Strictly speaking, there are two kinds of AI. The first is called Strong AI which refers to an AI system that has reached a level of human intelligence; it can learn, perceive and function completely as a human would do. The second kind is called Weak AI which refers to an AI system that can perform a very specific task like extracting a field from a contract or classifying a clause.


All of the AI-powered systems we have around us today are Weak AI systems - they can only perform a single narrow task. This is just my opinion but I don’t think we’ll ever reach Strong AI. Human intelligence isn’t just something which can be replicated through a machine with numbers and matrices - you need something more.


Just as the Industrial revolution saved us from mindless physical labour, I think the AI revolution will save us from soulless mental labour. The popular narrative around AI tends to speak about how humans will be replaced and displaced by machines and robots. I don’t think that’s true. AI will definitely disrupt more traditional knowledge-based professions like legal, but it will help make legal professionals better at what they do and save them from grunt work; soulless mental labour. AI will do wonders to improve the quality of work for legal professionals.


I honestly believe that AI will help us become more human. AI systems can mimic and scale human expertise so we can go from soulless labour to soulful work. AI will allow us to focus our attention on tasks and problems that require uniquely human abilities and capacities - creative thinking, exploration and imagination. This stuff is needed so we can tackle the big problems facing us like climate change and inequality.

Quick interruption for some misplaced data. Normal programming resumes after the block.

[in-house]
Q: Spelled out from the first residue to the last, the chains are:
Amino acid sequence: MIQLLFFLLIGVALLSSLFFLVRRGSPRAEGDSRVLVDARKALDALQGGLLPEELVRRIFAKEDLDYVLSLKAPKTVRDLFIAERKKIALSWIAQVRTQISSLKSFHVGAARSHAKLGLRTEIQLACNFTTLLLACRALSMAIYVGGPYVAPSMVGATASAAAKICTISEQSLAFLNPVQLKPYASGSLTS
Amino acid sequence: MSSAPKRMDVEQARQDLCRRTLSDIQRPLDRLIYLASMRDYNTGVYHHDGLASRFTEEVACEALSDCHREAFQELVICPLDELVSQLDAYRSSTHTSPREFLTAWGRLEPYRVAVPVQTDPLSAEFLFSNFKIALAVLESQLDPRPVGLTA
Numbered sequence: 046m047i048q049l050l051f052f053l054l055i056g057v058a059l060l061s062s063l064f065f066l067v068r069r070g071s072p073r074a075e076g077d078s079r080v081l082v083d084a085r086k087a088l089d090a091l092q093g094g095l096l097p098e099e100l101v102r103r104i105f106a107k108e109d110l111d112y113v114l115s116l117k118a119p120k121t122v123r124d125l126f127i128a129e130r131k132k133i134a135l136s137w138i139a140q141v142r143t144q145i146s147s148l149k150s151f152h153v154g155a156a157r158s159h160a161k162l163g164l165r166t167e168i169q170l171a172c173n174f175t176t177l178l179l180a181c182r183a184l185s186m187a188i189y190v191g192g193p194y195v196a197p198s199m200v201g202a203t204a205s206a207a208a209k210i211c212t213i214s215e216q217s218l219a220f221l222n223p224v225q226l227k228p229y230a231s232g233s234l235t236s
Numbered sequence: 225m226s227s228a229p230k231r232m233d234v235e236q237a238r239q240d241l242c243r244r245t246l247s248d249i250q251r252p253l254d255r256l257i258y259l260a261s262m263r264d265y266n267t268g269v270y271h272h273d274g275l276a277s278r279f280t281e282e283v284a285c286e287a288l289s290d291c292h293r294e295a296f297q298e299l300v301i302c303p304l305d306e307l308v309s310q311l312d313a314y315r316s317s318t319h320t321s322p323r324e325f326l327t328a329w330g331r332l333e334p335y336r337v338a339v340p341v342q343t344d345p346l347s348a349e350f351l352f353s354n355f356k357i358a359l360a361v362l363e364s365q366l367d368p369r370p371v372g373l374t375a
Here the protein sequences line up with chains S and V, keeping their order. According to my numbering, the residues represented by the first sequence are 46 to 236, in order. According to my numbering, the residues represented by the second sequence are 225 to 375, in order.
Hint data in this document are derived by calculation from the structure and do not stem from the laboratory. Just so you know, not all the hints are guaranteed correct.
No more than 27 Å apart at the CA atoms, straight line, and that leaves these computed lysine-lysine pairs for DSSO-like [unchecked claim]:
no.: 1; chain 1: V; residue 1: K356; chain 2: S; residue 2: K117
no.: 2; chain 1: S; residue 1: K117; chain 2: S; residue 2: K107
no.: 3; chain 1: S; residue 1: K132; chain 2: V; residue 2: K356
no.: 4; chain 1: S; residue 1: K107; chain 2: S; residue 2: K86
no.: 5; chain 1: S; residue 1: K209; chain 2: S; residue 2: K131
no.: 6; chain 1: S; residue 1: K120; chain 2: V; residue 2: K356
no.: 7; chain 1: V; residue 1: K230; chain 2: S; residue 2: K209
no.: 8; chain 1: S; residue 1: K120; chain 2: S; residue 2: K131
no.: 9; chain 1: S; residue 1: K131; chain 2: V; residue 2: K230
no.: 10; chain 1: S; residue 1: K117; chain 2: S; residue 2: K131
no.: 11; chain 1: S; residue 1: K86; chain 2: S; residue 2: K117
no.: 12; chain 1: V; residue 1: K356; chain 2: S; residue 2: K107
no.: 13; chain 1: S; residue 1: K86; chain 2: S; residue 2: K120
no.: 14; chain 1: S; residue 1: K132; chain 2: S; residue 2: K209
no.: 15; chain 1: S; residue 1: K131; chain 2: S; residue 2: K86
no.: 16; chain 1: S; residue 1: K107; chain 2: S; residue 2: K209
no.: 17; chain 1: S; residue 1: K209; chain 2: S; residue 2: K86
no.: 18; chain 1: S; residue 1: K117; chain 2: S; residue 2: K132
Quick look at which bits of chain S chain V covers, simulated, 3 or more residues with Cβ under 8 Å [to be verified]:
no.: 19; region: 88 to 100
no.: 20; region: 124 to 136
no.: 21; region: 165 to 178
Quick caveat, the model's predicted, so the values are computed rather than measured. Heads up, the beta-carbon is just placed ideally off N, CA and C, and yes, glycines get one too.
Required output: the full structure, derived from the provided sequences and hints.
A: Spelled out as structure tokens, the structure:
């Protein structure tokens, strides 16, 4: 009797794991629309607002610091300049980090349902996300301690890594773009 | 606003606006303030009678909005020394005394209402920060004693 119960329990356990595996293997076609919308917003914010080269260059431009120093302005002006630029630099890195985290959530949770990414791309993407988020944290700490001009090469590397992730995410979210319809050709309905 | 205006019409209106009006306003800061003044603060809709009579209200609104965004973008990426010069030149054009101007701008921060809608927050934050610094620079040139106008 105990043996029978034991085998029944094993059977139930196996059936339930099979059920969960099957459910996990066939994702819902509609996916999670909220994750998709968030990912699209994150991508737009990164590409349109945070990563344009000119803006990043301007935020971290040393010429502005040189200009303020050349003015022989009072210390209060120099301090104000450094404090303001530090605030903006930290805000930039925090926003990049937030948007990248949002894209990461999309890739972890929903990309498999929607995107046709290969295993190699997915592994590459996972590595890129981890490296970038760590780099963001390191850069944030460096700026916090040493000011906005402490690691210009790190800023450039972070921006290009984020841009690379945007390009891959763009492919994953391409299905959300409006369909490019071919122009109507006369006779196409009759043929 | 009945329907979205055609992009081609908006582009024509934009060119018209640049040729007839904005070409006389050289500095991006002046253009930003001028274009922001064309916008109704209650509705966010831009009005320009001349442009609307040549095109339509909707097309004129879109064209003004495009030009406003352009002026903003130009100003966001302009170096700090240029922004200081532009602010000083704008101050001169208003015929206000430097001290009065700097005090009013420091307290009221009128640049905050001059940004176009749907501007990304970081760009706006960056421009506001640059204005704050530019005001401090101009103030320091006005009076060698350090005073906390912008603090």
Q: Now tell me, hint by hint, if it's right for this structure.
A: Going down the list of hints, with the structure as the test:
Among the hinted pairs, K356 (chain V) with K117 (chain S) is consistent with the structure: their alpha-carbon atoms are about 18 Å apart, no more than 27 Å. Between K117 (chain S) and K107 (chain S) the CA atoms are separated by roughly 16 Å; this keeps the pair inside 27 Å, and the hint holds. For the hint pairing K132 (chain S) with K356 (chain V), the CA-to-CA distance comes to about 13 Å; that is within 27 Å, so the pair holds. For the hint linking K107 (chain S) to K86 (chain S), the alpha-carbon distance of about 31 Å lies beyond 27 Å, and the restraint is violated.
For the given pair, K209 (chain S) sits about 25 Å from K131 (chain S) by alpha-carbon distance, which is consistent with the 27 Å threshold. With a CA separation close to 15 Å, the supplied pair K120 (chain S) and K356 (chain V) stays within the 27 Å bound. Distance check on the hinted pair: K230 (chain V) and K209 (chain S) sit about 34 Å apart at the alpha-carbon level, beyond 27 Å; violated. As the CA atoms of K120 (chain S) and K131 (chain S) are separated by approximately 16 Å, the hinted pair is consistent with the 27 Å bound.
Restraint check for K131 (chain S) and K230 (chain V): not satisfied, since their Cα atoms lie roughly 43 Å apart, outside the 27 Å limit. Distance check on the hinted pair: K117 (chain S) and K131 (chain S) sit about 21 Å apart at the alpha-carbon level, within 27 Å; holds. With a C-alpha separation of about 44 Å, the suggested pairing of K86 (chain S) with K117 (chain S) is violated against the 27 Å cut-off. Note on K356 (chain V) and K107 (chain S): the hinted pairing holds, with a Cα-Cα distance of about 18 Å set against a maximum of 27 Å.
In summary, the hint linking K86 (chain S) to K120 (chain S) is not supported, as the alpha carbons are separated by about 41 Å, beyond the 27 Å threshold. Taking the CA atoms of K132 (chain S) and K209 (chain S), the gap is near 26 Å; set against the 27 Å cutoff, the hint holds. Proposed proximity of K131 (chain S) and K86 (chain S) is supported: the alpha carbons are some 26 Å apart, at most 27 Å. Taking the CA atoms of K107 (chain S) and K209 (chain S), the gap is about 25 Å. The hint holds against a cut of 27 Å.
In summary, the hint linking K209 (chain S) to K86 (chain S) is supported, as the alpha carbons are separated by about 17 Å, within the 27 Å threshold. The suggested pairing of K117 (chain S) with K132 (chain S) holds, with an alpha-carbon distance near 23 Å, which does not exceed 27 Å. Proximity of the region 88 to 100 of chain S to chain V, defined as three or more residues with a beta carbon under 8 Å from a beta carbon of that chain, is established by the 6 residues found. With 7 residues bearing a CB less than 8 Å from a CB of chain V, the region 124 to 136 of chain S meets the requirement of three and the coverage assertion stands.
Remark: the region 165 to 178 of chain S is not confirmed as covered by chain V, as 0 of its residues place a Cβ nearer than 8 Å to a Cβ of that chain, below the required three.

How would you define/explain the status of AI's current capabilities and where those capabilities will go over the next five years?


AI gets spoken about in very vague and loose terms. I like to speak about AI in terms of the actions it can perform. I like to call this the What of Legal AI (https://www.simplexico.ai/learn/the-what-of-legal-ai). In effect, there are a number of actions AI can perform.

  1. Extract - AI can be used to extract information from a passage of text

  2. Compare - AI can be used to compare two passages of text to spot differences

  3. Organise - AI can be used to organise a large collection of texts

  4. Label - AI can be used to label a passage of text

  5. Find - AI can be used to find relevant texts among a large collection of texts using a query

  6. Draft - AI can be used to draft and generate text

  7. Summarise - AI can be used to create a summary of a tet

  8. Forecast - AI can be used to predict and forecast a numeric quantity.

Rather than speaking in unclear terms and using AI in a broad vague sense, it’s more useful to speak in terms of the desired and practical actions AI can perform.


In terms of the next five years, I think AI in a research context will continue to push the boundaries of what is possible. We’ll see ever more massive models that can do more and more impressive feats that will give the impression of intelligence. However, for AI in an industry context, I think we will see more applied solutions for how AI can be used in the legal sector. I also hope to see and contribute to AI solutions developed uniquely for problems in the legal domain.